NW: What were the biggest obstacles you faced when launching MI-Resolve?
DVE & MH: We have not had any significant obstacles. The challenge going forward lies chiefly in marketing the system to courts and the public, just as we encountered three decades ago in launching face-to-face mediation services. We have not yet moved to piloting mandatory ODR as some states are doing, but that is also a likely option for us, particularly as we quickly move to expand the service to all our DRCs to manage what may be a backlog of pending cases, and an influx of new cases as a result of the COVID-19 pandemic. Our vendor is working hard to bring all of our DRCs up months earlier than originally expected.
NW: What surprised you the most when working on MI-Resolve?
DVE & MH: We didn’t encounter any particular surprises. We weren’t quite sure how mediators trained in the traditional face-to-face facilitative mediation model might take to the system, but so far, the mediators participating in the training sessions have expressed a high degree of enthusiasm.
NW: The two of you have created a terrific resource, Considerations in Implementing Court ODR Systems. Of all the considerations you identify, which would you consider to be the most important?
DVE & MH: Undoubtedly, like every other publication of the last 35 years suggesting how ADR programs are best begun, the notion of having a high level “cheerleader” is important. Michigan’s Chief Justice Bridget McCormack and former State Court Administrator Milton Mack, Jr. have been exceptionally strong supporters of online dispute resolution as a means of addressing Access to Justice considerations. Their support has been key to our moving forward and creating enthusiasm among the local trial courts, online legal services providers (MichiganLegalHelp.org) and others.
Second, courts need to determine whether they just want to dispose of cases, or actually help people resolve disputes. While the experience of e-commerce is often cited as a touchstone for courts to draw on in building online systems, e-commerce systems are focused on disposition, not necessarily case resolution. Most, if not all, have binding arbitration as the final step in their processes. Anyone who has ever stepped a foot into a courtroom knows that just because a case is disposed or closed does not mean that a dispute is resolved. MI-Resolve breaks with the e-commerce systems in that it aims to actually help people communicate and develop a resolution they can live with and move on with their lives.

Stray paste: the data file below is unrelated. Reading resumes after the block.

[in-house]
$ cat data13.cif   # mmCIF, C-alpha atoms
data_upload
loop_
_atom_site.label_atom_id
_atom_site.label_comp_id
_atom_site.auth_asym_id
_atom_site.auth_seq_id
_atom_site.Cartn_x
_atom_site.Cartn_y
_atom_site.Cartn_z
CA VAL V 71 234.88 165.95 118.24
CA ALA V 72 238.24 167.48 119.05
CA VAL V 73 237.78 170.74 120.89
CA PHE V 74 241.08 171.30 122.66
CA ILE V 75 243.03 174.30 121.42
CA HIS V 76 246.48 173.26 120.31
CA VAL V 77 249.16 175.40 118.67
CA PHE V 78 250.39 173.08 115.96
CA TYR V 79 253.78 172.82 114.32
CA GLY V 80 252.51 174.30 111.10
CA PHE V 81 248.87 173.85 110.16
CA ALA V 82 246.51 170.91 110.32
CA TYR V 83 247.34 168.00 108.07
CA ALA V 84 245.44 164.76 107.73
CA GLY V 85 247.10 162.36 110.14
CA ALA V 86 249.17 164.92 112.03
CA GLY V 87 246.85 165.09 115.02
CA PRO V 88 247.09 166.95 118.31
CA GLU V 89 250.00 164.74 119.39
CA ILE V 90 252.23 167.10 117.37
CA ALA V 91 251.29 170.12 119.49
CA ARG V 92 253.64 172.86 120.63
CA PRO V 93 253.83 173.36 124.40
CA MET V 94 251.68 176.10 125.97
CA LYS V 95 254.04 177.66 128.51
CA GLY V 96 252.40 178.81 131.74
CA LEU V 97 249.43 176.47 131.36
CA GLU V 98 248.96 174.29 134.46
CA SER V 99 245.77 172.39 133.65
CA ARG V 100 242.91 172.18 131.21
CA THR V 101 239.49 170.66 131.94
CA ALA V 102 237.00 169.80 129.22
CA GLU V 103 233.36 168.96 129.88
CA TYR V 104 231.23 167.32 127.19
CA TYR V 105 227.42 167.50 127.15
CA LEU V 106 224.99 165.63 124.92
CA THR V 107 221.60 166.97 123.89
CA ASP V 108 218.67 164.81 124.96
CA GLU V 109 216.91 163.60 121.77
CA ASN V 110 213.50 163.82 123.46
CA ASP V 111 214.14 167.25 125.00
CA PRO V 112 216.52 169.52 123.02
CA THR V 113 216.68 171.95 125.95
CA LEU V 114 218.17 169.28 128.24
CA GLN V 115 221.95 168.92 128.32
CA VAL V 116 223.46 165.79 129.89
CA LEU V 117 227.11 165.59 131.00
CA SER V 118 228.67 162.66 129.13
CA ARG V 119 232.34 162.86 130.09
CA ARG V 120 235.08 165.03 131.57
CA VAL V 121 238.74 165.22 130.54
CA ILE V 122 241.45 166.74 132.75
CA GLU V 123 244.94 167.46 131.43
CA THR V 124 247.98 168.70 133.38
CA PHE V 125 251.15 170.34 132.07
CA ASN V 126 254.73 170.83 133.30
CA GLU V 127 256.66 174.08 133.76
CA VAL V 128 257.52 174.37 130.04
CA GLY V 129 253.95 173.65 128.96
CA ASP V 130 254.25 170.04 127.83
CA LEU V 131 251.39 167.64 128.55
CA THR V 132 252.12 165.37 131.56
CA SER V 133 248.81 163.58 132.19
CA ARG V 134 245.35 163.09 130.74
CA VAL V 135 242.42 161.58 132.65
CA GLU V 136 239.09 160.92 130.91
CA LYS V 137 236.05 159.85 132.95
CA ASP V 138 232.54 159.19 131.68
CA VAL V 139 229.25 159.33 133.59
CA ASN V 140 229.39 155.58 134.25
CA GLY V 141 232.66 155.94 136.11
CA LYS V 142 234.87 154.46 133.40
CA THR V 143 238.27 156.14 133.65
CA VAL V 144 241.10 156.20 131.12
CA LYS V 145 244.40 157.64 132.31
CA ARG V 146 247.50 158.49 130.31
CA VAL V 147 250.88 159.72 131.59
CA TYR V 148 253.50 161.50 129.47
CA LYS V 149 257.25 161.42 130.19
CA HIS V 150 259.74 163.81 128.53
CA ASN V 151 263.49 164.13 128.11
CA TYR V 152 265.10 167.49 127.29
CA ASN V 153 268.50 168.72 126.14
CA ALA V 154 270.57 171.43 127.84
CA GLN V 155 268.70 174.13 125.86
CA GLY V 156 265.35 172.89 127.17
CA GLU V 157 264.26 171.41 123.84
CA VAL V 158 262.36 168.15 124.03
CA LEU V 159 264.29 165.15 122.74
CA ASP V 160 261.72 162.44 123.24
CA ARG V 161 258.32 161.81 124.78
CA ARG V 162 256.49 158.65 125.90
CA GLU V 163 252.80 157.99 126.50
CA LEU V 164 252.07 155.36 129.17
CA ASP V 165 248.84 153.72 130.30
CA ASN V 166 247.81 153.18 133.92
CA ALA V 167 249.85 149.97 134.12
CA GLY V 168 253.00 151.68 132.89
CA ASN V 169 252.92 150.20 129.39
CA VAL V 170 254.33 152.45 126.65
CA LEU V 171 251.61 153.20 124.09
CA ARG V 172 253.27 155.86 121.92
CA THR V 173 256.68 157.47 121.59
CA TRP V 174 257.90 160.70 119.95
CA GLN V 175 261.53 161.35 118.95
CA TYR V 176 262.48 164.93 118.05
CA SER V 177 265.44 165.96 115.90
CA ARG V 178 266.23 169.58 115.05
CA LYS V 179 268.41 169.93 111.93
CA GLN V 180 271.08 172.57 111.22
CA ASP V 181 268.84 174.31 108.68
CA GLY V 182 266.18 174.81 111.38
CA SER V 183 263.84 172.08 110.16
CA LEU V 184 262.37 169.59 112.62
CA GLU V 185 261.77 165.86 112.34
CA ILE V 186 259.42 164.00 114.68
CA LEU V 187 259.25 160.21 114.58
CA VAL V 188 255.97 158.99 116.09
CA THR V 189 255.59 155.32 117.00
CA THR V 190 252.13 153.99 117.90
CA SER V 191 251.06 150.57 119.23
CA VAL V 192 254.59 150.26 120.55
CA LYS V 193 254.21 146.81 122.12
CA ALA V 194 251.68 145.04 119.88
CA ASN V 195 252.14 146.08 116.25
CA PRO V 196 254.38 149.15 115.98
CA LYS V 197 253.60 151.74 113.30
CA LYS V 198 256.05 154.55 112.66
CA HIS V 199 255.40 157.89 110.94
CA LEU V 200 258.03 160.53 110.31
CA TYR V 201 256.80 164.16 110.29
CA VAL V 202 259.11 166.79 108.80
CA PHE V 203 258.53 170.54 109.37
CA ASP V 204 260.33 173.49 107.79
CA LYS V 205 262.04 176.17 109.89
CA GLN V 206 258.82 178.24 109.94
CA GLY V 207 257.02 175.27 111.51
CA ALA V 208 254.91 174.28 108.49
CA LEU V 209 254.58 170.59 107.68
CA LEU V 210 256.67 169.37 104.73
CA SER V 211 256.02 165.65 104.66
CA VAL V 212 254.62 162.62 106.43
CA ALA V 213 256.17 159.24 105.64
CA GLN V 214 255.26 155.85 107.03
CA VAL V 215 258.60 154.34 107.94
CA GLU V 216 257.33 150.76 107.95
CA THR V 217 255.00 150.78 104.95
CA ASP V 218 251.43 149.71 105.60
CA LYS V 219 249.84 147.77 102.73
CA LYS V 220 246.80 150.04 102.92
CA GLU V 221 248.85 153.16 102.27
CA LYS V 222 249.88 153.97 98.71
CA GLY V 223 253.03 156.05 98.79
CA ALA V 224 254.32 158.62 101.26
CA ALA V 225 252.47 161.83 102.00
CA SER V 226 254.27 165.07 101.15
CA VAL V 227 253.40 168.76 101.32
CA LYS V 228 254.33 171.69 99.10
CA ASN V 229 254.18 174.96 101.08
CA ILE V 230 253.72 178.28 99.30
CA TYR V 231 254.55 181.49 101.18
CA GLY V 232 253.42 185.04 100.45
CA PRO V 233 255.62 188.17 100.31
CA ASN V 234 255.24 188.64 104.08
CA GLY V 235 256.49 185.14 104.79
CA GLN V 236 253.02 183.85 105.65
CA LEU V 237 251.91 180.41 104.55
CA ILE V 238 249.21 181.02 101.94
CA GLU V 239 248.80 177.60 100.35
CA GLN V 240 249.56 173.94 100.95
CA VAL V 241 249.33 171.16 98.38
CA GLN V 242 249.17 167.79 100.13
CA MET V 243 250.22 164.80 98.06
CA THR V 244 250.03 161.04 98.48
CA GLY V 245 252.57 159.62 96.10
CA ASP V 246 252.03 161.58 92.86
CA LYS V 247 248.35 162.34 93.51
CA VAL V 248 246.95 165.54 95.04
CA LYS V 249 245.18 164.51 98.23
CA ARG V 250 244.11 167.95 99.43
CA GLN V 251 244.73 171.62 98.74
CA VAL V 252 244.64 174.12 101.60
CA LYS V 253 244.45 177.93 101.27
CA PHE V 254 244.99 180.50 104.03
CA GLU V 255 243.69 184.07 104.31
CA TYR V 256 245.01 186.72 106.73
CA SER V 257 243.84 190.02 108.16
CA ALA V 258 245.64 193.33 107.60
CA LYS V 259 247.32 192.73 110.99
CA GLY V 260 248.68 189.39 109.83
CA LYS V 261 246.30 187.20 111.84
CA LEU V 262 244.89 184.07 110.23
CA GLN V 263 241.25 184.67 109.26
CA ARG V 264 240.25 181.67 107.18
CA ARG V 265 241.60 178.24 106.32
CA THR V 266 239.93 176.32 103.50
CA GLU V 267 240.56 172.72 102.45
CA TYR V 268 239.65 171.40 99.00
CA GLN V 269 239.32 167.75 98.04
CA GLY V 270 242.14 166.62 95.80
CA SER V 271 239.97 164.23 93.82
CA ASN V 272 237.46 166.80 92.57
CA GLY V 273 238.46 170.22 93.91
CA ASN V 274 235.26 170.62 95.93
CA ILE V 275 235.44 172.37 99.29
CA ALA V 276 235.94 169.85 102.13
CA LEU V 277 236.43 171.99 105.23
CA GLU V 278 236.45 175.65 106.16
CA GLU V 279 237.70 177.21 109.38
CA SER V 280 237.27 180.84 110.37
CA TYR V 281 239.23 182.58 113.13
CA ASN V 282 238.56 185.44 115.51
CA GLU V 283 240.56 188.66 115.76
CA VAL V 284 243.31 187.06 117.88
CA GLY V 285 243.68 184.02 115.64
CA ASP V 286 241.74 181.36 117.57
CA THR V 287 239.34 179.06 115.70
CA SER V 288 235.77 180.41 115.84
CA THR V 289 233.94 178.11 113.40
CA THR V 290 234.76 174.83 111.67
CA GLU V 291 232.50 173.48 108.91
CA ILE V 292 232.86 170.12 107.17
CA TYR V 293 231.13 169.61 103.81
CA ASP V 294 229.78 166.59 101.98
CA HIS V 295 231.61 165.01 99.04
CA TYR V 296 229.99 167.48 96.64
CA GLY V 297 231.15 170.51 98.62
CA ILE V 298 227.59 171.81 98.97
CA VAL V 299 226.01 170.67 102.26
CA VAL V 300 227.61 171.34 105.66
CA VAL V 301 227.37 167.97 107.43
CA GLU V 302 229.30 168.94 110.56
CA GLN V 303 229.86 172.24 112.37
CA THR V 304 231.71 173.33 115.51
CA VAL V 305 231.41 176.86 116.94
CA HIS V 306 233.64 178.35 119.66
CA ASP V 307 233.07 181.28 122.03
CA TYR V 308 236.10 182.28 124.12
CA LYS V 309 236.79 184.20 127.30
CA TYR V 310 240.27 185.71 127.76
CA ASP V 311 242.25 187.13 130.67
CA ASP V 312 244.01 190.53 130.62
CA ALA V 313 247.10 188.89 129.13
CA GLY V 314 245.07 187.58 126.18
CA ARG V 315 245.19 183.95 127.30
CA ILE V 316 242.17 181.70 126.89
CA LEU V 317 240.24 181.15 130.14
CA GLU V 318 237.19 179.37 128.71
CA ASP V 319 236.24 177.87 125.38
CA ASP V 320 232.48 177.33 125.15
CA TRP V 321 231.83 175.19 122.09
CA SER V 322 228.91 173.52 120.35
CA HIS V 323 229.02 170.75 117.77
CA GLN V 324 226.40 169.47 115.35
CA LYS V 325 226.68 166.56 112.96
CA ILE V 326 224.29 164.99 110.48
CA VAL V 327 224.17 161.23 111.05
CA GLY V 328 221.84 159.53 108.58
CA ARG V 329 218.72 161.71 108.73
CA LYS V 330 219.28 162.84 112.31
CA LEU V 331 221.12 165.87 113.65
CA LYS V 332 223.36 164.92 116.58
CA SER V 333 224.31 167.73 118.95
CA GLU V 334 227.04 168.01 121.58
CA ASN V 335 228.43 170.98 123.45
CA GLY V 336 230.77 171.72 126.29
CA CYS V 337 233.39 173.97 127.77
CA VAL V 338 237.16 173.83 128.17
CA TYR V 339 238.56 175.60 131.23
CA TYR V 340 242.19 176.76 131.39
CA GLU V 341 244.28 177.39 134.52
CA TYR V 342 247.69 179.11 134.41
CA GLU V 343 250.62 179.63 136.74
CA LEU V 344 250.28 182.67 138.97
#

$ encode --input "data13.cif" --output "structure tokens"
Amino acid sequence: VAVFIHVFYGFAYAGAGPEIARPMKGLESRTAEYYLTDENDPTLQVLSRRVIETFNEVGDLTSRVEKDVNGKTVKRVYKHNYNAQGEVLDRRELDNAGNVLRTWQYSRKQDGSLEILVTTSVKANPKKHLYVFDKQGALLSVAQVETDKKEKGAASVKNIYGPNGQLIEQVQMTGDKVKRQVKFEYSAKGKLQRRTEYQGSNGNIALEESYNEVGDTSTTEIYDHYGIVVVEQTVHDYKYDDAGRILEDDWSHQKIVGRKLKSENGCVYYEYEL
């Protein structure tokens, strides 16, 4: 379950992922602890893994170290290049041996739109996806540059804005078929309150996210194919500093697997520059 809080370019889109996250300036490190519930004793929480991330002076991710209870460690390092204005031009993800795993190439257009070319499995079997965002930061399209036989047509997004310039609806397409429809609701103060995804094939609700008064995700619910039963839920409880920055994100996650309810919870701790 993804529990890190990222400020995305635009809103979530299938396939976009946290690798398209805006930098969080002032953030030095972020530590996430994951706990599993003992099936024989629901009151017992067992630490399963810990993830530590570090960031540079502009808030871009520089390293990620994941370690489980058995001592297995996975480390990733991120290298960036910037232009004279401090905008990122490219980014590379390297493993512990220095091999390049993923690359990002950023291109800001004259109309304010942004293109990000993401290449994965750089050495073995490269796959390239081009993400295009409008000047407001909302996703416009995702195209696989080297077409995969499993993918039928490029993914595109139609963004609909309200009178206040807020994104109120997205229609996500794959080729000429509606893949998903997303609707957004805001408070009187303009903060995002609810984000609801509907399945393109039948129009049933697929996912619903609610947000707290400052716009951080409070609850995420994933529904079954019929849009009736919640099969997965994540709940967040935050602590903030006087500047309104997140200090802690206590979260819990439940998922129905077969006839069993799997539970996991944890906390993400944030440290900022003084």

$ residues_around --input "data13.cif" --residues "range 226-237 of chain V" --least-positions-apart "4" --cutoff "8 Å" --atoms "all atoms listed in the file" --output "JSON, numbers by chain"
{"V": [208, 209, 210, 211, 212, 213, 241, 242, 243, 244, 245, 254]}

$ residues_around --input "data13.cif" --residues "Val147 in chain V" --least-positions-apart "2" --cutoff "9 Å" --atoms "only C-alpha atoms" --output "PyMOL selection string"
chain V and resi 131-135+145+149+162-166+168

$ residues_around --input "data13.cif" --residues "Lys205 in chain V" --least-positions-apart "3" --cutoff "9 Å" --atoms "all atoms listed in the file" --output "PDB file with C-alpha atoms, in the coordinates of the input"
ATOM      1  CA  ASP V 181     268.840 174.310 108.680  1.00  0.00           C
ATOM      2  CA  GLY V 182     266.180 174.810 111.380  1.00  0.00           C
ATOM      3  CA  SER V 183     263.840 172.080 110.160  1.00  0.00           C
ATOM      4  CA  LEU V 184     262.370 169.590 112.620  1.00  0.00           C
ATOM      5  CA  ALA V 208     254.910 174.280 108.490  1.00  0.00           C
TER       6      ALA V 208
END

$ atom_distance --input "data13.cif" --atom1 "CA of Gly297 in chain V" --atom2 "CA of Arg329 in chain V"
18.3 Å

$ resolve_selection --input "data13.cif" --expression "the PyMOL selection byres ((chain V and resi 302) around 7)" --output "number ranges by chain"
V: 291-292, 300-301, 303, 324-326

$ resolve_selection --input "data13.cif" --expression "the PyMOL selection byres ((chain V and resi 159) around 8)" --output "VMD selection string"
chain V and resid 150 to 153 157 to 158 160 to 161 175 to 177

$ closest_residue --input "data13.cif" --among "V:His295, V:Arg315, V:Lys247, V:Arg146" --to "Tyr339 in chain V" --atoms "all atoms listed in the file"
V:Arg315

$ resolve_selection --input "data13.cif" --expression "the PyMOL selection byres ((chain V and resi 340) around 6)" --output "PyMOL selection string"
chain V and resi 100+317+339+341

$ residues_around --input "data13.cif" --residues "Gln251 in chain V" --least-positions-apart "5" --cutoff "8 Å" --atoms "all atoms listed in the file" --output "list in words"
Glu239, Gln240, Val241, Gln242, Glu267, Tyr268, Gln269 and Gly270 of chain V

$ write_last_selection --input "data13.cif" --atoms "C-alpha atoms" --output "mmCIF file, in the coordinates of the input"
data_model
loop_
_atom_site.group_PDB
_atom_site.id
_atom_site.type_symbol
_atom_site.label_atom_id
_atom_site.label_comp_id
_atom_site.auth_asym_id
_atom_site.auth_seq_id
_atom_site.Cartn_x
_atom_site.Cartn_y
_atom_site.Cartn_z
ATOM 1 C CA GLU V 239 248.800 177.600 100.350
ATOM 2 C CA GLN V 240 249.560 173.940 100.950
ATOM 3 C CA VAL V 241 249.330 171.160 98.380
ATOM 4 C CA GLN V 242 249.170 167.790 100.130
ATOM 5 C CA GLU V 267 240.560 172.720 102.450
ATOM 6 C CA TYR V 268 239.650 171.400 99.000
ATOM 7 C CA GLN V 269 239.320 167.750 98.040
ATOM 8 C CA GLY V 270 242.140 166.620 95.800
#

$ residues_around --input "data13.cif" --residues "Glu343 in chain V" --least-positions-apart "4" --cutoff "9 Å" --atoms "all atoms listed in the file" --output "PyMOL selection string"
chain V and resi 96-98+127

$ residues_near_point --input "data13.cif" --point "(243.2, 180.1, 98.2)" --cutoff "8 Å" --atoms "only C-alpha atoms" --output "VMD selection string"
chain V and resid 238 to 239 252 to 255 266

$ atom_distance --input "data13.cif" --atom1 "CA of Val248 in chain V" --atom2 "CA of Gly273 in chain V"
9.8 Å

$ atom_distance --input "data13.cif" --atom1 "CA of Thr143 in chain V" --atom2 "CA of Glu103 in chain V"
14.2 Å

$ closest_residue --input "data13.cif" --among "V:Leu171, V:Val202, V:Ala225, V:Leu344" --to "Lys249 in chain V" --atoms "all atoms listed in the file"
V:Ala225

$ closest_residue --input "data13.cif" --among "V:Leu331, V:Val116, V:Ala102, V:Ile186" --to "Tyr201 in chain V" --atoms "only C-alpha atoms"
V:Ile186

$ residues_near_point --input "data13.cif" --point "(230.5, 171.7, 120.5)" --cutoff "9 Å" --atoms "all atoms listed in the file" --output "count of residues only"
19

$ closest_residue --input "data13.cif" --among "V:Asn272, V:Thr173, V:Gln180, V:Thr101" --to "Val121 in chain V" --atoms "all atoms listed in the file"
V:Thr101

NW: For courts considering launching ODR due to COVID-19, how might your resource Considerations in Implementing Court ODR Systems be most helpful to them?
DVE & MH: As we write, we are very deeply involved in our office’s efforts to provide guidance on how to provide court services during “stay at home” executive branch orders, and how to prepare for managing the significant backlog of cases and predicted significant influx of new filings when courts “re-open” their doors in the weeks ahead. Courts may be operating with reduced staff, backlogs of paper and e-filed pleadings, and budget holds, among other things. Our best counsel may be to promote ODR systems as part of the solution to addressing both any backlog and influx of cases. The caveat here is that there are many factors to consider in designing, implementing, and testing ODR systems, and that time and financial resources are needed to implement a quality system.
We can also share that all DRCs, whether having implemented MI-Resolve or not are open for business during the COVID-19 pandemic and are successfully mediating cases online through Zoom. To assist in their efforts to quickly train mediators, our office developed the following resource: “Using Zoom to Conduct Online Mediation: Considerations and Resources for Community Dispute Resolution Program Centers.”